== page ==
Ten years ago, a single brooch led to the discovery of an exceptionally rare Viking-era site. Now that the post-excavation is complete, Adam Parsons and Rachel Newman of Oxford Archaeology North tell the inside story.
In March 2004, Peter Adams was out metal-detecting; little did he know that he was about to make one of England’s most exciting discoveries in Viking-age archaeology. Peter had been given permission to search farmland on the western edge of Cumwhitton, a small village in the Eden Valley, south-east of Carlisle, when he detected an unusual metal object within the ploughsoil.
Colleagues at his club tentatively identified it as a Viking-age oval brooch, so Peter reported it to the local Finds Liaison Officer of the Portable Antiquities Scheme (PAS), who observed that such brooches are frequently found in pairs — and usually in female burials. Peter hastened back to the site, where he duly found the second brooch. The initial identification was confirmed, and the PAS gave the brooches a date of the 9th or 10th century.
These brooches are extremely rare, particularly in England, so the PAS immediately commissioned a team of us from Oxford Archaeology North to investigate the findspot. Our aim was to discover whether the brooches really came from a grave, and confirm that it was that of a woman.
The answers came thick and fast. Stripping back the topsoil, we immediately identified the outline of a grave, aligned roughly east—west, with small disturbances towards the western end, where Peter had found the brooches. The soil in this part of Cumbria is particularly acidic, so neither human nor animal bones usually survive, and the only bone that we found was a small fragment of skull at the western end of the grave. However, the grave contained numerous other artefacts.
Among them was a bead, perhaps from a hair decoration, a key, and a knife with a silver-bound handle; the key and the knife had probably both been suspended from the brooches. We also identified the fragmentary remains of an iron-bound maplewood box at the foot of the grave, complete with a locking mechanism that was found to match the key. Inside the box were objects associated with textiles, including a glass linen-smoother, shears, a comb, a lead spindle-whorl, and apparently some needles. This, almost certainly, was the grave of a high-status Viking woman.
Meanwhile, Peter continued to metal-detect on the surrounding hilltop, and recovered a mass of other objects from the ploughsoil. In among the tractor parts, barbed wire, and indiscernible bits of corroded metal were several small fragments of another Viking-age oval brooch, plus the instantly recognisable remains of an Early Medieval sword hilt. Yet surely these other items could not have come from the grave we had just excavated?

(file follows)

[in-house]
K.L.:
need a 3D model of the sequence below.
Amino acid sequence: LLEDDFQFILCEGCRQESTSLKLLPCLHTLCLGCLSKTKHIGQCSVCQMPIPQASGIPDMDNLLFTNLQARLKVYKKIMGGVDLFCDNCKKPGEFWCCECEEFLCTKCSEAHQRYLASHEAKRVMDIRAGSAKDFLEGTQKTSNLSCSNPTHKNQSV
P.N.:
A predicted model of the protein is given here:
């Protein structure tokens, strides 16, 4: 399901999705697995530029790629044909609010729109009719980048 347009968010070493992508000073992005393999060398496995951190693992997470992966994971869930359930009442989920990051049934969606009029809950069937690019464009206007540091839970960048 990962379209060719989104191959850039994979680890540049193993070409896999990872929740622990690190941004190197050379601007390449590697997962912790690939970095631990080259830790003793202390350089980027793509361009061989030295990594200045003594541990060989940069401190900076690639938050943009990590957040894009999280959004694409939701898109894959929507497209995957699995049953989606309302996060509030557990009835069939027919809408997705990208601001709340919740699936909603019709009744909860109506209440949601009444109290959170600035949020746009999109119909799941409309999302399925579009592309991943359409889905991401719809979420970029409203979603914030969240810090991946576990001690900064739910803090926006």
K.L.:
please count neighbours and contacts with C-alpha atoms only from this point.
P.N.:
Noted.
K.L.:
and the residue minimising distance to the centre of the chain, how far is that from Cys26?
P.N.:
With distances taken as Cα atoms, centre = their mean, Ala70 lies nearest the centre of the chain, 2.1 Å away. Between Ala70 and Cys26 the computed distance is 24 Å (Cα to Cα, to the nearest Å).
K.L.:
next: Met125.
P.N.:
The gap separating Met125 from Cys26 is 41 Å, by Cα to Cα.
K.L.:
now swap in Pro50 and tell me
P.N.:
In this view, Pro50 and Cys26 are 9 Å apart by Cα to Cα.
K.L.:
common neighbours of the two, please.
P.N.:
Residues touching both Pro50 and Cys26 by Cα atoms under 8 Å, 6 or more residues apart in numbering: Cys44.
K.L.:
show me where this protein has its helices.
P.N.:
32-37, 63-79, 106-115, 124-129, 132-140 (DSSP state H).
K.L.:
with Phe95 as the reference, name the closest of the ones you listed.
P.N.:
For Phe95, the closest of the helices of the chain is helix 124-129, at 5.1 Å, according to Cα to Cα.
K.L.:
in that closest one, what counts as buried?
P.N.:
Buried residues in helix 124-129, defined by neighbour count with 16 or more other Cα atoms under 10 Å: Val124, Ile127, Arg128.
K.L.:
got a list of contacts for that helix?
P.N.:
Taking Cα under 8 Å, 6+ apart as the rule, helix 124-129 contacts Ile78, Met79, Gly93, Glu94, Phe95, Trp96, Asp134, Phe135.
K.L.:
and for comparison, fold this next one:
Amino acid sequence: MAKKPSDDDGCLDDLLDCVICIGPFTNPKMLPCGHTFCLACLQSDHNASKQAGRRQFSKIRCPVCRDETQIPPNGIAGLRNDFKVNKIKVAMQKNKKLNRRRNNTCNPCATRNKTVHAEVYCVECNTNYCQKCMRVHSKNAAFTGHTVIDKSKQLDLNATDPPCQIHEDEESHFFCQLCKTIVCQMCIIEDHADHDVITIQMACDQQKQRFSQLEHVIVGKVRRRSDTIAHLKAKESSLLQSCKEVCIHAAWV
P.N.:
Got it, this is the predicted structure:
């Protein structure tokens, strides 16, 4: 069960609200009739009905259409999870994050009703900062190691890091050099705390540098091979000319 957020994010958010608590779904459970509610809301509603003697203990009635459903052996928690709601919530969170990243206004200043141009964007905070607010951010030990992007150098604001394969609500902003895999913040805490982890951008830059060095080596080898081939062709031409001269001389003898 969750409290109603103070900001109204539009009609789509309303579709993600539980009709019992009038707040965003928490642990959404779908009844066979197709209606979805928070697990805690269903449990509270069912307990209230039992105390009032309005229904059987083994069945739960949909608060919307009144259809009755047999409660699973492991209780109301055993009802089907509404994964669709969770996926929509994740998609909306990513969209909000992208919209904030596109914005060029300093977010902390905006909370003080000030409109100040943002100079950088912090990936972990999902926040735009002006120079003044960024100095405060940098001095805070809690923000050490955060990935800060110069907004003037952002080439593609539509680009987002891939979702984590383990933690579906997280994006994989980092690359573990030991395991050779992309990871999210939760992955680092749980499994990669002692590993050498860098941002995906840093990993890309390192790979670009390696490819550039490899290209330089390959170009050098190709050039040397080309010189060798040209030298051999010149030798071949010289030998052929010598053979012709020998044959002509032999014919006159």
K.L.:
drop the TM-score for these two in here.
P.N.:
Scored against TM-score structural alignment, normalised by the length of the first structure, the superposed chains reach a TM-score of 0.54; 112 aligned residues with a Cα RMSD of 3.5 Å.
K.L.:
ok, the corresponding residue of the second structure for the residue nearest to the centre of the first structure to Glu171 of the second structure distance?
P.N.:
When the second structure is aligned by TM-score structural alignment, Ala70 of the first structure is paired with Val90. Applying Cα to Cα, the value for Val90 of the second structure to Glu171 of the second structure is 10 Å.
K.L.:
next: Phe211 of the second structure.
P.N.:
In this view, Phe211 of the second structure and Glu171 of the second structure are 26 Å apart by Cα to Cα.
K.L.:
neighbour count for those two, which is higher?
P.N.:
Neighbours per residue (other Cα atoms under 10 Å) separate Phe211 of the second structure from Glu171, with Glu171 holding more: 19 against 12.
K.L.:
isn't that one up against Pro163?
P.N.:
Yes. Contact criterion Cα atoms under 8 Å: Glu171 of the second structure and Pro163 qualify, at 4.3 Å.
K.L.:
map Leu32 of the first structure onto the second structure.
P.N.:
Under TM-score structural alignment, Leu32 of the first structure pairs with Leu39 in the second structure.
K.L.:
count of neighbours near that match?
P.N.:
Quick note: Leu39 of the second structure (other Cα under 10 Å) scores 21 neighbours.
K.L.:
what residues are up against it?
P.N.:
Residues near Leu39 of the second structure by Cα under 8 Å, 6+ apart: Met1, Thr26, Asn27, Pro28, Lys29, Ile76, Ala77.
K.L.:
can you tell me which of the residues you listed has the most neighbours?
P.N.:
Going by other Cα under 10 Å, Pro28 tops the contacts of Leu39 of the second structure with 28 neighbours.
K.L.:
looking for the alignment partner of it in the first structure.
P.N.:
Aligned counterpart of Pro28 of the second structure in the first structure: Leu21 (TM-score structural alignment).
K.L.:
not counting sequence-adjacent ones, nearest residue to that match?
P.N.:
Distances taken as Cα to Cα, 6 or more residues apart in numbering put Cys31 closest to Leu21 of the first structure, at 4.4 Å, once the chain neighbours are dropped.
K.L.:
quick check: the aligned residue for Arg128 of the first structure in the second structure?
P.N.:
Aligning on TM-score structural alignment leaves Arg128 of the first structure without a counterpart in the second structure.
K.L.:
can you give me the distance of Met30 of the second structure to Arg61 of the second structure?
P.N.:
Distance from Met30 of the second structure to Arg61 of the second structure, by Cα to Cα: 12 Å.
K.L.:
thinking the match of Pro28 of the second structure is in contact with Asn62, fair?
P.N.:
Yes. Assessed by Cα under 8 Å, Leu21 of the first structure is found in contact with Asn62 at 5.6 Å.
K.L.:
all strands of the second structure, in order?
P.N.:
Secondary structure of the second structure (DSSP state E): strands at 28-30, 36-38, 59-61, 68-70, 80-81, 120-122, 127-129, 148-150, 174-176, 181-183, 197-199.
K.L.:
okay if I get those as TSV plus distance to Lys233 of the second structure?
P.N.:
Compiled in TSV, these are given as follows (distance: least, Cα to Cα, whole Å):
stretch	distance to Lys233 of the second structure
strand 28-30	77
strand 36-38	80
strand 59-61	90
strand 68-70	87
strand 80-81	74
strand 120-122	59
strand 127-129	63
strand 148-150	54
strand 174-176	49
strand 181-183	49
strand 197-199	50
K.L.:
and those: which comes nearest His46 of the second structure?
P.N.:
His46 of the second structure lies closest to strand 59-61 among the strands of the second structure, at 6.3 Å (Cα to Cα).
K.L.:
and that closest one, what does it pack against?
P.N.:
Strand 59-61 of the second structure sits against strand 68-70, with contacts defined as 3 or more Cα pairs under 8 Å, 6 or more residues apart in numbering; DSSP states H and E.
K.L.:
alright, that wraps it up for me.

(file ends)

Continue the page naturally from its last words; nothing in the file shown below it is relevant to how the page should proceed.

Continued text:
Not only were the sword and brooch fragments found quite some distance away, but three oval brooches have never been found in a single grave, even in Scandinavia. A sword in a woman’s grave would also be highly unlikely. However, Viking graves are usually found on their own, rather than as part of a cemetery. Indeed, only one other Viking cemetery is known in England: the cremation site at Ingleby in Derbyshire (CA 184). If there really was a cemetery at Cumwhitton — as all the evidence suggested — then this would make the site more rare and important than first thought.
Shadows in the soil
The site was under immediate threat from ploughing, so English Heritage agreed to fund an excavation in the summer of 2004. As suspected, some 10m from the first burial (labelled Grave 1) we found another grave, and then another, until we had found a total of five more graves (Graves 2-6). Clustered together in two closely spaced rows, all of the graves were orientated broadly east—west, and one, if not all, may have been marked above-ground. All the burials appeared to have been richly furnished, and could be dated to the early 10th century.
Though we recovered many different artefacts, most were poorly preserved. We therefore decided that the best solution was to block-lift many of the objects to allow careful excavation and recording under controlled laboratory conditions. The soil blocks were sent to English Heritage’s conservation laboratory at Fort Cumberland in Portsmouth. Initially, all were X-rayed to determine their contents. Then, using the X-rays as a guide, the blocks were carefully excavated, and the objects stabilised, cleaned, and conserved as they emerged from the encasing soil.
This approach proved invaluable: while some of the objects were reasonably intact, others merely survived as shadows on the instance, at least one needle from the maplewood box found in Grave 1 could be seen on the X-ray, but it had no physical integrity and could not be retrieved by excavation. Meanwhile, other objects appeared relatively intact on the X-rays, but could only be partially retrieved — however, by comparing the surviving fragments with the X-ray images, we were able to reconstruct their original forms.